"Winter of the World" is the second instalment of Follett's Century trilogy, a selective lightweight history of the twentieth century. You may have heard the claim that each of us is only six contacts away from every other human being on the planet, as in: I know someone who knows someone who knows someone who knows someone who knows a Russian billionaire or Kalahari bushman or whoever. Follett's variant is that five vaguely inter-related families (from Germany, England, Wales, Russia and the United States) are not just witnesses to the key events of the last century but participate in them and in many cases make them happen. This part of the trilogy covers the 1930's and 1940's, meaning the rise of Fascism, World War 2 and its immediate aftermath. So... Hitler gaining power, Battle of Cable Street, Pearl Harbour, siege of Moscow, first atomic bomb,etc... take your pick, one of the group of five was there.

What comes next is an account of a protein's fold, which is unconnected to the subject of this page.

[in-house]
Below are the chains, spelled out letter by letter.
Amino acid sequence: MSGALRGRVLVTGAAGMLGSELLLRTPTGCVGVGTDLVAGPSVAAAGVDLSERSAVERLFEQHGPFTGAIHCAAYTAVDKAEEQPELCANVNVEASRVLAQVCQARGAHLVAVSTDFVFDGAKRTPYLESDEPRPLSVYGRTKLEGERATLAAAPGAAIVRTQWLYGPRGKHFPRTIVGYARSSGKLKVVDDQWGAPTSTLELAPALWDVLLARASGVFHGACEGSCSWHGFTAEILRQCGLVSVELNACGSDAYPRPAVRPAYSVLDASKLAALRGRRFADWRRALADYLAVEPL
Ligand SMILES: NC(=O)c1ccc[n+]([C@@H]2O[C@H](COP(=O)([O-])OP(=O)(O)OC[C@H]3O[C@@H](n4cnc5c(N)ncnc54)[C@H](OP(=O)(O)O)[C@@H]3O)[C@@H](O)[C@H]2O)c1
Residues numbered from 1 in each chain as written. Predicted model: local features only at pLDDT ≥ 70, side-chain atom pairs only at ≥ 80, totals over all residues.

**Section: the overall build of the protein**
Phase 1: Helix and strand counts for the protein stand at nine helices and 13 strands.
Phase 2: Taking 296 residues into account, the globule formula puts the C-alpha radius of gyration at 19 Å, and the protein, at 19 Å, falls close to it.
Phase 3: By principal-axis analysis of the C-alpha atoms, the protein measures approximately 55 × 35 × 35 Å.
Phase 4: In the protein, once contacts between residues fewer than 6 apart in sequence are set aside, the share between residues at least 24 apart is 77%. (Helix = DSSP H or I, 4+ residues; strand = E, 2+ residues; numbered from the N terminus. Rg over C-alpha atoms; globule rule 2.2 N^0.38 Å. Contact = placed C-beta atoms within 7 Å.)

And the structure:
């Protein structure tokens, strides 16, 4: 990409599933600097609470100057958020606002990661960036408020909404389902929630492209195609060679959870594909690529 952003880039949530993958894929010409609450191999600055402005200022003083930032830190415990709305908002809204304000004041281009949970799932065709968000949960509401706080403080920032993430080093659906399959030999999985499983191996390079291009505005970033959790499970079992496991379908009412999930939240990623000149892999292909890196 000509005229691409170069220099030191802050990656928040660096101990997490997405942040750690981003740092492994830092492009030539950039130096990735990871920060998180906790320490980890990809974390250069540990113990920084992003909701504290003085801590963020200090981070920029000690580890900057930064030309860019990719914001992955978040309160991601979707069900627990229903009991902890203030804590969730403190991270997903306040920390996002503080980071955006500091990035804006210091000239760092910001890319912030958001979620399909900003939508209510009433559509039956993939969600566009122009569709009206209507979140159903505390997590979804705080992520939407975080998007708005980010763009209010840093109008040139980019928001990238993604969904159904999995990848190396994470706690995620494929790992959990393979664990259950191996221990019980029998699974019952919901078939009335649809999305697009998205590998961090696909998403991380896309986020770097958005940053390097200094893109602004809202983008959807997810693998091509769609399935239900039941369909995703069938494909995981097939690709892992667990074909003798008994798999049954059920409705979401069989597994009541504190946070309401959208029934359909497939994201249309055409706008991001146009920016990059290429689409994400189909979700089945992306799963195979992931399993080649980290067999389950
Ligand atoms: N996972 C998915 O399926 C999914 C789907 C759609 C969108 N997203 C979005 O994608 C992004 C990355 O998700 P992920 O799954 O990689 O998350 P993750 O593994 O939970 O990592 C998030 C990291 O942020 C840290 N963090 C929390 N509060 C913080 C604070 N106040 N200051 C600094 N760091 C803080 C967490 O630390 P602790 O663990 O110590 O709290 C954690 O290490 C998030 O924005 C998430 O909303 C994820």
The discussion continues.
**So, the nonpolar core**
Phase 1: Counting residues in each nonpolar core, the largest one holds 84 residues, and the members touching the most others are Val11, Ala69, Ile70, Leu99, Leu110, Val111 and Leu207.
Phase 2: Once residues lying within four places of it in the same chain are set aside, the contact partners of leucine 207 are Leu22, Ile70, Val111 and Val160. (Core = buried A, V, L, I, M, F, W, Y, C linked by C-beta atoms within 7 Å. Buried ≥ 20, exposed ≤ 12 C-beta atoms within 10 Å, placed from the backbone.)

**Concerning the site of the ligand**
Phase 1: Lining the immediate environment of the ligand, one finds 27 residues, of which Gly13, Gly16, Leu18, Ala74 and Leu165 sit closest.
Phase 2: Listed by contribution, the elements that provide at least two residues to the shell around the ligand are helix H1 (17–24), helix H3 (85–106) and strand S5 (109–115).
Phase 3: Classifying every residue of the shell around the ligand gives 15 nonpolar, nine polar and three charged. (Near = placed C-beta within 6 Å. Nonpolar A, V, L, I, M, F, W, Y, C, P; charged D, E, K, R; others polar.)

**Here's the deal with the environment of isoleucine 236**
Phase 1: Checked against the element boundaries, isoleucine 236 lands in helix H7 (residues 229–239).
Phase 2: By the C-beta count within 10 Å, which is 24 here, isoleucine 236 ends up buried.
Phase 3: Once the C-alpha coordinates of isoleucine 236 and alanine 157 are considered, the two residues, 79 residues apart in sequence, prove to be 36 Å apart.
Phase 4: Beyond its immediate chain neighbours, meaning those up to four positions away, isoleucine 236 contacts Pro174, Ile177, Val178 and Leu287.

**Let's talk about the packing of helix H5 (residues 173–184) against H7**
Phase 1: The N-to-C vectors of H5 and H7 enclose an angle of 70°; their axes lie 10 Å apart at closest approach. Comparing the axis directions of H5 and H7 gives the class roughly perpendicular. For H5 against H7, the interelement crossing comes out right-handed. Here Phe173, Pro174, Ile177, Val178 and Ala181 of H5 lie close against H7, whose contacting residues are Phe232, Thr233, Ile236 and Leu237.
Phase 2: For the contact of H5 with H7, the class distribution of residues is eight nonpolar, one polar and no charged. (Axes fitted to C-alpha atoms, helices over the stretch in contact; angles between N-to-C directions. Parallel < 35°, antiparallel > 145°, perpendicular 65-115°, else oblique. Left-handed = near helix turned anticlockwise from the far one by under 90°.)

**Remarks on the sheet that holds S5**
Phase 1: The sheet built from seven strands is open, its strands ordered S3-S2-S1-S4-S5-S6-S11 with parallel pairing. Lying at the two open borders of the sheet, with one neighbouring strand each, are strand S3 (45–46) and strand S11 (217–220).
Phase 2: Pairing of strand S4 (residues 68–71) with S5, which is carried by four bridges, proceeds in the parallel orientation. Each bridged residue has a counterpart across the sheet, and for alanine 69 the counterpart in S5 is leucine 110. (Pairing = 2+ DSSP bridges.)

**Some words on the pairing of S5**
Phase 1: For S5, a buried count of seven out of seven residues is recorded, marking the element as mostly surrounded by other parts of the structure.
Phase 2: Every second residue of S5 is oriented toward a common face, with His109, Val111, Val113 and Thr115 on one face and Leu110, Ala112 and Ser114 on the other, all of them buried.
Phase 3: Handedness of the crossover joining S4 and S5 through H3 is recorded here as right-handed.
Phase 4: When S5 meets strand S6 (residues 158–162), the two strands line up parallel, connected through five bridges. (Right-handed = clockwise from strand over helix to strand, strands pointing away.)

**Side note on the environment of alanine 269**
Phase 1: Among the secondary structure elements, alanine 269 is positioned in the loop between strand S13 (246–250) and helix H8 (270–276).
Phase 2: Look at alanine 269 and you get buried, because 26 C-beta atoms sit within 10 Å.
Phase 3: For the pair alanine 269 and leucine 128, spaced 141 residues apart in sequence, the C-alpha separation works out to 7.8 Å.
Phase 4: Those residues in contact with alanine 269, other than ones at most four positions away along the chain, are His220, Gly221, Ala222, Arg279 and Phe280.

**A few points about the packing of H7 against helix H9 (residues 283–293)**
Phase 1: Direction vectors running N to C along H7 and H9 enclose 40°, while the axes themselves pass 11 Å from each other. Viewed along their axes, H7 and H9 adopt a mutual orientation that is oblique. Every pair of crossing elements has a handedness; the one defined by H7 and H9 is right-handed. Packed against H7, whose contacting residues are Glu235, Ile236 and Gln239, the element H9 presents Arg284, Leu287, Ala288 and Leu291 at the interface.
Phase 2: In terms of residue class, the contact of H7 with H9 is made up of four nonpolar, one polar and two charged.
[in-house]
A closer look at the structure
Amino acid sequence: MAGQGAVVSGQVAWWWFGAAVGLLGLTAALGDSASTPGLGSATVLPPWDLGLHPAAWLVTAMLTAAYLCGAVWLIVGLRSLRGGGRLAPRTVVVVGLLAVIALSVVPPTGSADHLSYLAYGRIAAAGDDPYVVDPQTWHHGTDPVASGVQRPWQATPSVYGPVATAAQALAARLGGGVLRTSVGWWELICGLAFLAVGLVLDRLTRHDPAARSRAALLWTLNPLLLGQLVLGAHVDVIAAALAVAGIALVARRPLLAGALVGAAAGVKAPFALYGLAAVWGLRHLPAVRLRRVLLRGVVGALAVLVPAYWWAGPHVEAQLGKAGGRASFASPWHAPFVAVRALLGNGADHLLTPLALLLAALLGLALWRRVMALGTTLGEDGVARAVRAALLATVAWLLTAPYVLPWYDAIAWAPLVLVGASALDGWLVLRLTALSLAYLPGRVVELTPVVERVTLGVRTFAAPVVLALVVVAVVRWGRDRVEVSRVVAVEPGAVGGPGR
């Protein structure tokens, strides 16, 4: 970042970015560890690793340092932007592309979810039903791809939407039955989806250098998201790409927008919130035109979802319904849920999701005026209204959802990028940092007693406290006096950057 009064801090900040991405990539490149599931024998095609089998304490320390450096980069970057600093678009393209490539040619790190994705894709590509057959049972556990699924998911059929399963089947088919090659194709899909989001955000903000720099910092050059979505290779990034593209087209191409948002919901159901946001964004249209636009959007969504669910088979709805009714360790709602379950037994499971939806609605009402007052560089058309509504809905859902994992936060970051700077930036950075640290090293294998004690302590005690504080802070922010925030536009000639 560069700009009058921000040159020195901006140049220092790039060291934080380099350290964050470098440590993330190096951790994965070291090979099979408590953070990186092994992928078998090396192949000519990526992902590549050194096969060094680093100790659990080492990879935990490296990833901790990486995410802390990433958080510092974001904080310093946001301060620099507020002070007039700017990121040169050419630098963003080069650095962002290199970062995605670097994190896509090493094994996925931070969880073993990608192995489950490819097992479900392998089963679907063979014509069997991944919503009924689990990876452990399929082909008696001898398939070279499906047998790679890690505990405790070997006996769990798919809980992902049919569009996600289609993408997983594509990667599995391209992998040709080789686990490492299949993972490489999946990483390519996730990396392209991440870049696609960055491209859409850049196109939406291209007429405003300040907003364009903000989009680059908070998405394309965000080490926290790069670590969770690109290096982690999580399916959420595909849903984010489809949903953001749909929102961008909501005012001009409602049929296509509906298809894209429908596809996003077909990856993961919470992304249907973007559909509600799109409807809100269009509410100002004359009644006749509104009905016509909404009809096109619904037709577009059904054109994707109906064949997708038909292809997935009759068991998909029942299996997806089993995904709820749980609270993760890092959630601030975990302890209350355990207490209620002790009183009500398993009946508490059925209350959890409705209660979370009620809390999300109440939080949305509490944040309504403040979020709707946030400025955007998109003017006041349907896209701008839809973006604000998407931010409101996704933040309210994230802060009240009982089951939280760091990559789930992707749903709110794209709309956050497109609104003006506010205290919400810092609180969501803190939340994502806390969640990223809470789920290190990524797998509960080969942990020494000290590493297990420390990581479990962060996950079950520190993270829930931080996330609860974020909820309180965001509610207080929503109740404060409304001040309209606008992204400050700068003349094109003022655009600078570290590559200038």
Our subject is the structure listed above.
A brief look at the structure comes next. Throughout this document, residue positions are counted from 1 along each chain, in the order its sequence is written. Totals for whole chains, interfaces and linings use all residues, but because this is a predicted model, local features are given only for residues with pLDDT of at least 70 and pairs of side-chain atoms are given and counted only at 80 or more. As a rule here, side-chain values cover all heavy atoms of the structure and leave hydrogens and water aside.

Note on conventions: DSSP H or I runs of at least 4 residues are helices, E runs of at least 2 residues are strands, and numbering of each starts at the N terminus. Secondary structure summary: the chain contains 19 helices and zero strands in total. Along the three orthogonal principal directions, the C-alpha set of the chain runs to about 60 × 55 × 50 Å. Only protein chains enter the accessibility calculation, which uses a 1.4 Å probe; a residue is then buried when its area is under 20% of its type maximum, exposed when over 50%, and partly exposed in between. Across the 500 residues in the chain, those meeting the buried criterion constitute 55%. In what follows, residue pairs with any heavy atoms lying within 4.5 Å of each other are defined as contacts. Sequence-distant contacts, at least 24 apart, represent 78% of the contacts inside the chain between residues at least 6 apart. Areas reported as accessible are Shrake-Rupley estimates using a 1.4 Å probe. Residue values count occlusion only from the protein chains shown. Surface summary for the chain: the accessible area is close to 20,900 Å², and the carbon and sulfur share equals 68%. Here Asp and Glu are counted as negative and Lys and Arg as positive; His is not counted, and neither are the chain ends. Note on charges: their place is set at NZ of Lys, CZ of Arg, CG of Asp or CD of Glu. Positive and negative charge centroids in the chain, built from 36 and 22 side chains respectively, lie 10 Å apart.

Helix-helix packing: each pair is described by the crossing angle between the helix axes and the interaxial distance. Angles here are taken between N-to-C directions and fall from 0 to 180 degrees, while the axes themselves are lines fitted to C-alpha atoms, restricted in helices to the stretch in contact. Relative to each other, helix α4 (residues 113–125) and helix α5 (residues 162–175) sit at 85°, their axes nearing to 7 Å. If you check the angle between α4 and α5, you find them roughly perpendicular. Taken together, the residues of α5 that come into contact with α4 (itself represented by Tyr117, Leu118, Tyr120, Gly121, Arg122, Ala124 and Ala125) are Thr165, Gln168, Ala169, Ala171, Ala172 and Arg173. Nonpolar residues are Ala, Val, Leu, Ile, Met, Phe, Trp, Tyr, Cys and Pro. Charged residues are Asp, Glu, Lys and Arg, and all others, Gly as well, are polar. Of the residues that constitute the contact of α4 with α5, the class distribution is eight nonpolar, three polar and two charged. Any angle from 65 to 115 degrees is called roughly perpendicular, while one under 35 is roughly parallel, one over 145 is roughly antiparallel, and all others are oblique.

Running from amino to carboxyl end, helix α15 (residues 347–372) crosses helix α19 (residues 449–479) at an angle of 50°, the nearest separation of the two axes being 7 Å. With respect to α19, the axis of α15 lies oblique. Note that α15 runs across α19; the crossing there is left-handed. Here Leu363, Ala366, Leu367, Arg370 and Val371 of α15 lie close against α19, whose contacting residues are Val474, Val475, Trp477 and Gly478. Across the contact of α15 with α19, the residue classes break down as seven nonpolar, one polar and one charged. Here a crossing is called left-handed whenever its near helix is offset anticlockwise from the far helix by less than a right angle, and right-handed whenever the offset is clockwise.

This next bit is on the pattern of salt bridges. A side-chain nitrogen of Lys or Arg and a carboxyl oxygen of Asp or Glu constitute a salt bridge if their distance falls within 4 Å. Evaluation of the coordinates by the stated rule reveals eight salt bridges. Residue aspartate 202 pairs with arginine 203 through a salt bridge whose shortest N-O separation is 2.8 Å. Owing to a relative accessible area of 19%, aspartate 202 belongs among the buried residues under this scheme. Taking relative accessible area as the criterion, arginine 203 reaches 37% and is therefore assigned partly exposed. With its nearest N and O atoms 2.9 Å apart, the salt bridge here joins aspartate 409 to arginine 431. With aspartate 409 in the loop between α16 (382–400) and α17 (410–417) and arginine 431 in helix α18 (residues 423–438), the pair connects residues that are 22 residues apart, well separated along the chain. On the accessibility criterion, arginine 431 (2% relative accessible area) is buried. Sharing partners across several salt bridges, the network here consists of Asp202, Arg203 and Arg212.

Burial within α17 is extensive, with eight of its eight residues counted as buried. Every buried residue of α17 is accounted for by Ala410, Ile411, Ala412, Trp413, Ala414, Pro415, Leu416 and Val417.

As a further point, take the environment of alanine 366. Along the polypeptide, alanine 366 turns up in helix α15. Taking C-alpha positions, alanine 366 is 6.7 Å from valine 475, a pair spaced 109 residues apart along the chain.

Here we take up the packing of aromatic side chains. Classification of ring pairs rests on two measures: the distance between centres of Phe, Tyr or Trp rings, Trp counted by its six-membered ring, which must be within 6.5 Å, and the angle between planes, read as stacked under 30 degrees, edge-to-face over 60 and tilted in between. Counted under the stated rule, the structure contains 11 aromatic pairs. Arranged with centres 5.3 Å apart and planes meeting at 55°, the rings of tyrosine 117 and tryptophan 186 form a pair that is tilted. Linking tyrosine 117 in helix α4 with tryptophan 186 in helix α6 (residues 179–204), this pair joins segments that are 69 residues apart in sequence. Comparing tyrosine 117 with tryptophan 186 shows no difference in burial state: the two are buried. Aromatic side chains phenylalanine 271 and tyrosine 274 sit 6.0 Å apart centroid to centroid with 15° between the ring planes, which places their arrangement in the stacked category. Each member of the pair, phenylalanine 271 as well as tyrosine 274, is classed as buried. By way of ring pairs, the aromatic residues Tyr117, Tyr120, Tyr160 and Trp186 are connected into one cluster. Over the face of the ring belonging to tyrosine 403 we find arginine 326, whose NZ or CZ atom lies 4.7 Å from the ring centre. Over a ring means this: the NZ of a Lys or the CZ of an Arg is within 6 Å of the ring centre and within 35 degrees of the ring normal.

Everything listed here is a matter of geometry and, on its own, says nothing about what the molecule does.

In terms of literature, this falls into the "quantity not quality" category. The impression is that it was written with a TV mini-series not just in mind, but specifically for it. One for an undemanding American audience, broken down into 5 minute segments so as not to confuse people or interfere with the adverts. Everything American in it is wonderful, everything English, German or Russian is denigrated ("Gee Ken, you've written it just the way we like it here in Hollywood!"). Everything Welsh is wonderful, too (the main hero is Welsh, as is Follett himself of course). Follett's politics come through more strongly than in previous works - this is very much of an uncritical ode to the Labour government of 1945. It also has a modern feel to it, with homosexual, multi-racial and unmarried couples. However, the attitudes to them are very much those of the present day rather than those of 70-odd years ago, in much the same way as period BBC television dramas tend to feature characters from the present who've simply been transported back in time.